Regulation of imprinted DNA methylationHolmes R. · Soloway P.D.
Cornell University, Division of Nutritional Sciences, Ithaca, NY (USA)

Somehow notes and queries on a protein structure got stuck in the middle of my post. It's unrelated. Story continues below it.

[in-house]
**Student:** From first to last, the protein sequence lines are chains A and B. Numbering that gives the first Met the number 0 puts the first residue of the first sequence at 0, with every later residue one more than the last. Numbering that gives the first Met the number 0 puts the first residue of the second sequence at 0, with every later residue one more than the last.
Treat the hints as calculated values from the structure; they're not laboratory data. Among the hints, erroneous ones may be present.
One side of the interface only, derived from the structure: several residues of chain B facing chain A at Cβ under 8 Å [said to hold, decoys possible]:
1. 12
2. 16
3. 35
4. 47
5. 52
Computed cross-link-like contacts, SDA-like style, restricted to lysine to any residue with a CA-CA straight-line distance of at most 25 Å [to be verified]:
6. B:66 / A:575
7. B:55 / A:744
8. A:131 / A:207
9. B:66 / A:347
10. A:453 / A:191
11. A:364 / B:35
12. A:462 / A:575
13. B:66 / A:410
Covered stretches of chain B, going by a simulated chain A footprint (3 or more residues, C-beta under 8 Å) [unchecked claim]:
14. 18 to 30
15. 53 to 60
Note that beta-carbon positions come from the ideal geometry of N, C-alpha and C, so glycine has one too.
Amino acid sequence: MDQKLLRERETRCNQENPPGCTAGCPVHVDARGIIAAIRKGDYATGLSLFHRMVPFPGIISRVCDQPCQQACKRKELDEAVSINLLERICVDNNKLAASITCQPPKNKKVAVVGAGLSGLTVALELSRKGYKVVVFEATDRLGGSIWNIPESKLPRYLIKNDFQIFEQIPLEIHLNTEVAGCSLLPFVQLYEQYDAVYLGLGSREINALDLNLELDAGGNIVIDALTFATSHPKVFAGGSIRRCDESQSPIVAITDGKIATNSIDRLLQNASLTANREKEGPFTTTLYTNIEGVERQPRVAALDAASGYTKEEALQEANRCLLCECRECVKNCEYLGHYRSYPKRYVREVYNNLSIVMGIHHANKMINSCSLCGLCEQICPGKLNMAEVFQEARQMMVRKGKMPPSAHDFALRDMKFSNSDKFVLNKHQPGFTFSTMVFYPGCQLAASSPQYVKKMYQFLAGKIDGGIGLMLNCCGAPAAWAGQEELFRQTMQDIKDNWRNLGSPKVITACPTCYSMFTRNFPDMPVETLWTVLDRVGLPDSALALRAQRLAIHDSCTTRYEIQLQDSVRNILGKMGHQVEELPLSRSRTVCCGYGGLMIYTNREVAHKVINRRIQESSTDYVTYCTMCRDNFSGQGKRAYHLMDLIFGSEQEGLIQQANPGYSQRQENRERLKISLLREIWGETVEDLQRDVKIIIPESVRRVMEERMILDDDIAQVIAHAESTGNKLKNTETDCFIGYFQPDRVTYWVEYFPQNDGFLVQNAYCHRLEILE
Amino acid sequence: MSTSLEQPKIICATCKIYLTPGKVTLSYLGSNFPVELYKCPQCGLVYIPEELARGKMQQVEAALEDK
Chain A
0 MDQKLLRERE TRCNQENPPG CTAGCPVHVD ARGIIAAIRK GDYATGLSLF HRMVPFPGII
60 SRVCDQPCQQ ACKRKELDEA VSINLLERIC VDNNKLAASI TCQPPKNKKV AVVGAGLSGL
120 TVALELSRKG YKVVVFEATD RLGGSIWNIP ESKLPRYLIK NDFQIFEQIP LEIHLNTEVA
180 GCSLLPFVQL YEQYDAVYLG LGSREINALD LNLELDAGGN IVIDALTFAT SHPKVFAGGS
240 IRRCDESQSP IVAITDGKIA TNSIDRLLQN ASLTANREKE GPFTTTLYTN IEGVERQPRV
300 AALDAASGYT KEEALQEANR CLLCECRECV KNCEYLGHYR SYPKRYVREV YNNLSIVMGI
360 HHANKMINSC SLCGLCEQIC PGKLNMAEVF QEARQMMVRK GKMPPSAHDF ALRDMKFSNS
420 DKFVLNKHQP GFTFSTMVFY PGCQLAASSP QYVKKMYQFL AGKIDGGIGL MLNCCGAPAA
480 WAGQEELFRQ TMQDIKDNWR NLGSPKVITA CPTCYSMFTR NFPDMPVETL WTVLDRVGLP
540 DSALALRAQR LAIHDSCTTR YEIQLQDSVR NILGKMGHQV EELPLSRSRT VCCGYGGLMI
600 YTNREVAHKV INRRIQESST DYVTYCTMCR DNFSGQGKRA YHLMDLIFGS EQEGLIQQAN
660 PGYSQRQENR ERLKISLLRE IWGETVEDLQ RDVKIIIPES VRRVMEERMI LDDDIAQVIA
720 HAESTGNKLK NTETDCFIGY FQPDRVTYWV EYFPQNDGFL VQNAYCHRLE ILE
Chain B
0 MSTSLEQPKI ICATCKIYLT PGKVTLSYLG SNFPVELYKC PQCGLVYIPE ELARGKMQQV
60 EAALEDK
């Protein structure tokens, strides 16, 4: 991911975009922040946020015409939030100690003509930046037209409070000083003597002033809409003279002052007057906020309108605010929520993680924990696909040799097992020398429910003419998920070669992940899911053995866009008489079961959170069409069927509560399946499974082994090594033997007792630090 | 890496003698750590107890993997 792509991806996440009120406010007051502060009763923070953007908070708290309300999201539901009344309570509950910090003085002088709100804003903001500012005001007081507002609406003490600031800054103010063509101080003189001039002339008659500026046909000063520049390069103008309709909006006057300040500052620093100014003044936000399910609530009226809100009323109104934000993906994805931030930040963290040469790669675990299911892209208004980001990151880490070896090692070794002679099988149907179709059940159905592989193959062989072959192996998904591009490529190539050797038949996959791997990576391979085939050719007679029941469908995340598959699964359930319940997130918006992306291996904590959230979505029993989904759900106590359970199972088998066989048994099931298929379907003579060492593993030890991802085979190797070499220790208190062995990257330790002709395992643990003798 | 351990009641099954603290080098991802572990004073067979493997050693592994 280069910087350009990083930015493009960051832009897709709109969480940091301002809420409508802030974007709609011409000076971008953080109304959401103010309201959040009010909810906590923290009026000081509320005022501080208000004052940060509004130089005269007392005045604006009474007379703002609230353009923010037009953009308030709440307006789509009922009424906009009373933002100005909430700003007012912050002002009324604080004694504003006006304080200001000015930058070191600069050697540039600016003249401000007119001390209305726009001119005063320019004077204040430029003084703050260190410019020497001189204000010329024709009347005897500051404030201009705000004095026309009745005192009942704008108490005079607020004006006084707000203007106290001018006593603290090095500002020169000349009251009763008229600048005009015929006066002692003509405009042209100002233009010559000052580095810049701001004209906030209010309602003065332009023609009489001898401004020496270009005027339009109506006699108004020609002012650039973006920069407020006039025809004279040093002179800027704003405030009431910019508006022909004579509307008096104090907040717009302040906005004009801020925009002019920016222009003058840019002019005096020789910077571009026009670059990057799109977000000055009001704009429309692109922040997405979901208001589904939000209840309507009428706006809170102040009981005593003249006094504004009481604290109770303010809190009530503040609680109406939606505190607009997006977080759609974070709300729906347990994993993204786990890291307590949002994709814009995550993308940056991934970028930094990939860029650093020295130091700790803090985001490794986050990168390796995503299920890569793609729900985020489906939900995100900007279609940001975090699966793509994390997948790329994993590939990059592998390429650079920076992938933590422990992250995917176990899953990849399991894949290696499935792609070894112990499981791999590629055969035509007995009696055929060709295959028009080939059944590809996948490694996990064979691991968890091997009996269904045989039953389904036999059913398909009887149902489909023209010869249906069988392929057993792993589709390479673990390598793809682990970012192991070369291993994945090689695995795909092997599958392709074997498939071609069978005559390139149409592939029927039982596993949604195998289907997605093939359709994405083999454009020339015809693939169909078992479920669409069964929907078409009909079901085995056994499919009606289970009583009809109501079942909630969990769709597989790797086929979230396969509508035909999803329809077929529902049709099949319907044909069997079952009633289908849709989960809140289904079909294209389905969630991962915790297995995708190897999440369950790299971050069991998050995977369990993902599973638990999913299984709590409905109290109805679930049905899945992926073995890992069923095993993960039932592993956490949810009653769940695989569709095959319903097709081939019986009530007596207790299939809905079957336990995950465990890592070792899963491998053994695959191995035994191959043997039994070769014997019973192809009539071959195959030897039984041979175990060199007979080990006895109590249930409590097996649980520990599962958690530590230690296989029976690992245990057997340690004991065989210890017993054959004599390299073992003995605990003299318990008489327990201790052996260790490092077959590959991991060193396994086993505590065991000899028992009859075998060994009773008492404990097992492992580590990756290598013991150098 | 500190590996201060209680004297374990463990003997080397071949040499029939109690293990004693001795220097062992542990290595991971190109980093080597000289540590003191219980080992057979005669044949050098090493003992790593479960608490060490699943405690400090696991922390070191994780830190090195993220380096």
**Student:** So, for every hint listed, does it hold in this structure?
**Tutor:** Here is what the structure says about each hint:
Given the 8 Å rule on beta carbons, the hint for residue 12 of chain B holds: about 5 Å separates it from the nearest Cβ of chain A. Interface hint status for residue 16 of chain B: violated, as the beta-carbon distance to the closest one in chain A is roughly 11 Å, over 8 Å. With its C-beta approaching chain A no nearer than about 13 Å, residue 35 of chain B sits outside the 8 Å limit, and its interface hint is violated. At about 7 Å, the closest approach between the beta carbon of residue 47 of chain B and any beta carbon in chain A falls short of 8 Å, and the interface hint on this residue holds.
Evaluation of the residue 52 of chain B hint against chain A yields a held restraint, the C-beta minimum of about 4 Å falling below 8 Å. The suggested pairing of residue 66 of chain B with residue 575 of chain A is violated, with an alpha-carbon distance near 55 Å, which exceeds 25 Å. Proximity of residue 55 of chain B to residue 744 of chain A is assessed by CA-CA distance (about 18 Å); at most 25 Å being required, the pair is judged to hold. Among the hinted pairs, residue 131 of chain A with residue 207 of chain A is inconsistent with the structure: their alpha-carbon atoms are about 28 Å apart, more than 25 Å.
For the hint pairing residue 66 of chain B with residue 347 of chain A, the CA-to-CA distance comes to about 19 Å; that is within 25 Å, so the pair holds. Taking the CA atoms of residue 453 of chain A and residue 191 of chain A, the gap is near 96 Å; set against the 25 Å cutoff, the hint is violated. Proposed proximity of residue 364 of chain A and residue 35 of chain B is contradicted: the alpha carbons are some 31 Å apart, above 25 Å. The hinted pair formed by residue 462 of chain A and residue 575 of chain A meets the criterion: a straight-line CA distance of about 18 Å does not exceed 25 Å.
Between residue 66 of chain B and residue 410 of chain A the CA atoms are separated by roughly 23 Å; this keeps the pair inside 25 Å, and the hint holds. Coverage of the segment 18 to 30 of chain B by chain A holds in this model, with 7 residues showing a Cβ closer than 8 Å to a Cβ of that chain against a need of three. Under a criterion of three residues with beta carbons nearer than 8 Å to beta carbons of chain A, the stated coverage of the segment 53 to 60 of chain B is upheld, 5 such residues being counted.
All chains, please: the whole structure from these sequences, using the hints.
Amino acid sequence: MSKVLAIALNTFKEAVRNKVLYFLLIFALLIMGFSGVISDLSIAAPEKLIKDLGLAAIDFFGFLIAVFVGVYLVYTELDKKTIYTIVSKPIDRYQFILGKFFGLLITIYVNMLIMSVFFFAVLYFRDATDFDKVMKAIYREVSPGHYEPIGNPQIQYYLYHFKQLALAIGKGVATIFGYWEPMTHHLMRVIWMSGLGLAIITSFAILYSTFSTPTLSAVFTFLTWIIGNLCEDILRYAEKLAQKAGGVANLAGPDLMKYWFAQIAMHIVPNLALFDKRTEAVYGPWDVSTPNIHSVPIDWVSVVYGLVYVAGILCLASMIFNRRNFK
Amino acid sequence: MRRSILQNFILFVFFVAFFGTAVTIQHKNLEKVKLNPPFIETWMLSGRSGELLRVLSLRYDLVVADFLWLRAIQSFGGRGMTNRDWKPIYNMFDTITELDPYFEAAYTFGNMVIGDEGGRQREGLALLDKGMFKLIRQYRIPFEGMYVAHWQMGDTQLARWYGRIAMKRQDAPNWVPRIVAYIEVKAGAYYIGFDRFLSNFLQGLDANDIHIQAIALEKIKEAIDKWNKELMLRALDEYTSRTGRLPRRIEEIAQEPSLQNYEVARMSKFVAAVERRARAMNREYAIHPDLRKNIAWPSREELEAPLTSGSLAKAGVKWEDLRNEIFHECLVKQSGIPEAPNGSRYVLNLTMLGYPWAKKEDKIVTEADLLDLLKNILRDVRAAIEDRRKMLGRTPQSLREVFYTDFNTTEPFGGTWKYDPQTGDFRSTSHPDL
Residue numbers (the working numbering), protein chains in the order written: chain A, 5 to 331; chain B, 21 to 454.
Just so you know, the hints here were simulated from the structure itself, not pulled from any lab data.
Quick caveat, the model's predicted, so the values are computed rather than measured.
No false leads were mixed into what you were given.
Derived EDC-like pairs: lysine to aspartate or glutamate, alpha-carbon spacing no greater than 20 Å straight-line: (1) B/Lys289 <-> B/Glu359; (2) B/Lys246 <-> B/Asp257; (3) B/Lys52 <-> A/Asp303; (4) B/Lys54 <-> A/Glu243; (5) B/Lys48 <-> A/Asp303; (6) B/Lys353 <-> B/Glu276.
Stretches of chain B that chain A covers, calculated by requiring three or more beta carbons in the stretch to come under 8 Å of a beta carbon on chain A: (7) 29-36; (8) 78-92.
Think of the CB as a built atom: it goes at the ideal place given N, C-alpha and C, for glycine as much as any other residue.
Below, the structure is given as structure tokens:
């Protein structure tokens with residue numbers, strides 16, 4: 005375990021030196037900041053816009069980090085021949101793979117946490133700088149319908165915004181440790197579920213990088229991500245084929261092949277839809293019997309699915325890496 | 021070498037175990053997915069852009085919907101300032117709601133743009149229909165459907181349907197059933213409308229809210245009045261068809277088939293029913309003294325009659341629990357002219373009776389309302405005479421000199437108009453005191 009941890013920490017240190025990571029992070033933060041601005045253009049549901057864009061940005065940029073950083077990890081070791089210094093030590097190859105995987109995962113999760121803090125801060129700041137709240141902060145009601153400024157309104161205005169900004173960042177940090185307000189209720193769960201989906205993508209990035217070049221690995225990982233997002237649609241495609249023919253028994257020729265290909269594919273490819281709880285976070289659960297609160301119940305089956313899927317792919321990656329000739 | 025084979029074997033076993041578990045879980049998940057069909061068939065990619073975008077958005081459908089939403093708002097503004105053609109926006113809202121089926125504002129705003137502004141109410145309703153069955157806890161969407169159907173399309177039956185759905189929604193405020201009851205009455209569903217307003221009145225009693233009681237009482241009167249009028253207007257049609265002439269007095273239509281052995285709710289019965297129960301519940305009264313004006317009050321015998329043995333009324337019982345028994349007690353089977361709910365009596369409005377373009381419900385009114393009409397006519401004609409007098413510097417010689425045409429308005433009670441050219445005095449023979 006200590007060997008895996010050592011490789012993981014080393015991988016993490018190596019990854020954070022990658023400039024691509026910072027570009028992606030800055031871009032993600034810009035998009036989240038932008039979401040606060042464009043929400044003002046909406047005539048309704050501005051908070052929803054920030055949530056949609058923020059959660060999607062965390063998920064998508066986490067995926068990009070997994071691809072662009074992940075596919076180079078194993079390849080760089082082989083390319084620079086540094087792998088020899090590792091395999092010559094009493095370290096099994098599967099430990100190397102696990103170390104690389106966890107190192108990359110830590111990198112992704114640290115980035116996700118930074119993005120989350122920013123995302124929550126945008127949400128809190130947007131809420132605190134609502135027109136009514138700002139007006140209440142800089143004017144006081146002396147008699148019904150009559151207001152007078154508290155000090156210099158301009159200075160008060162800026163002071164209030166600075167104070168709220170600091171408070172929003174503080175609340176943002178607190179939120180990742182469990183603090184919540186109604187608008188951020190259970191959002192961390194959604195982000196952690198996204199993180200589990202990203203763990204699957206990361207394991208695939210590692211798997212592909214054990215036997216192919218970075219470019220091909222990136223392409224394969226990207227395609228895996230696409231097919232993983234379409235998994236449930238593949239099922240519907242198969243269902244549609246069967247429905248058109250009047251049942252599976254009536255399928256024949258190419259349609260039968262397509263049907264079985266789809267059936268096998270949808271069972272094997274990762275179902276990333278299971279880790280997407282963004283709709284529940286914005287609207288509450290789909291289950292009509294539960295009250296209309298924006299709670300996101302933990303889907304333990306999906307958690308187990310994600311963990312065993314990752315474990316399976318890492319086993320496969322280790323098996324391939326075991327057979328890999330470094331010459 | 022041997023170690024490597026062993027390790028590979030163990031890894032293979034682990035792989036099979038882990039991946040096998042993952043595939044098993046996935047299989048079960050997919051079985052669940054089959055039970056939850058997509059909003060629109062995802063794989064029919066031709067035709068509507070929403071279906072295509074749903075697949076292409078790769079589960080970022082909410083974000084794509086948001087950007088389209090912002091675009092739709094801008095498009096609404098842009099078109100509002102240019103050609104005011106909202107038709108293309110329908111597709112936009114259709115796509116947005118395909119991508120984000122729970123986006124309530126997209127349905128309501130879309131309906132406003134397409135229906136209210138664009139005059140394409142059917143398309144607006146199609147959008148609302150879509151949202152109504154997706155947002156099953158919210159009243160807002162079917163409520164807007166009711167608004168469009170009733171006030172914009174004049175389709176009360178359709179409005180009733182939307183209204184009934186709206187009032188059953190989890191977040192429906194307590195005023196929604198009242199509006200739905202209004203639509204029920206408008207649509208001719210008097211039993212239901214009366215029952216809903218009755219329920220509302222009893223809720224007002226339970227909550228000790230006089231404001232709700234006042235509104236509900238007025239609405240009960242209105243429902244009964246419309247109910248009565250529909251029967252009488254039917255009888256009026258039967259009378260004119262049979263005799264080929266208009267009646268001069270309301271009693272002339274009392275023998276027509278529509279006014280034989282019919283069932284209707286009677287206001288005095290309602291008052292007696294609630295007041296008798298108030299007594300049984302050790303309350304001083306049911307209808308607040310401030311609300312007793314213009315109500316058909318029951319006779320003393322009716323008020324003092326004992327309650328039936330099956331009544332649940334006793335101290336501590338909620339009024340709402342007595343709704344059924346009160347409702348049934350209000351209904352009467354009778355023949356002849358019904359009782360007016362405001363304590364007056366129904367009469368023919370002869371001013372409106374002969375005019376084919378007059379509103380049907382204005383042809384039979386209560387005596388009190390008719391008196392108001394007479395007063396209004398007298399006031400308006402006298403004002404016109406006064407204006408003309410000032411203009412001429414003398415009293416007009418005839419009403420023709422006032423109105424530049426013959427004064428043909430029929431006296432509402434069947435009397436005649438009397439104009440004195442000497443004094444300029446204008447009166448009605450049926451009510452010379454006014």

DNA methylation is an essential enzymatic modification in mammals. This common epigenetic mark occurs predominantly at the fifth carbon of cytosines within the palindromic dinucleotide 5′-CpG-3′. The majority of methylated CpGs are located within repetitive elements including centromeric repeats, satellite sequences and gene repeats encoding ribosomal RNAs. CpG islands, frequently located at the 5′ end of genes, are typically unmethylated. DNA methylation also occurs at imprinted genes which exhibit parent-of-origin-specific patterns of methylation and expression. Imprinted methylation at differentially methylated domains (DMDs) is one of the regulatory mechanisms controlling the allele-specific expression of imprinted genes. Proper control of DNA methylation is needed for normal development and loss of methylation control can contribute to initiation and progression of tumorigenesis (reviewed in Plass and Soloway, 2002). Because patterns of imprinted DNA methylation are highly reproducible, imprinted loci make useful models for studying regulation of DNA methylation and may provide insights into how this regulation goes awry in cancer. Here, we review what is currently known about the mechanisms regulating imprinted DNA methylation. We will focus on cis-acting DNA sequences, trans-acting protein factors and the possible involvement of RNAs in control of imprinted DNA methylation.
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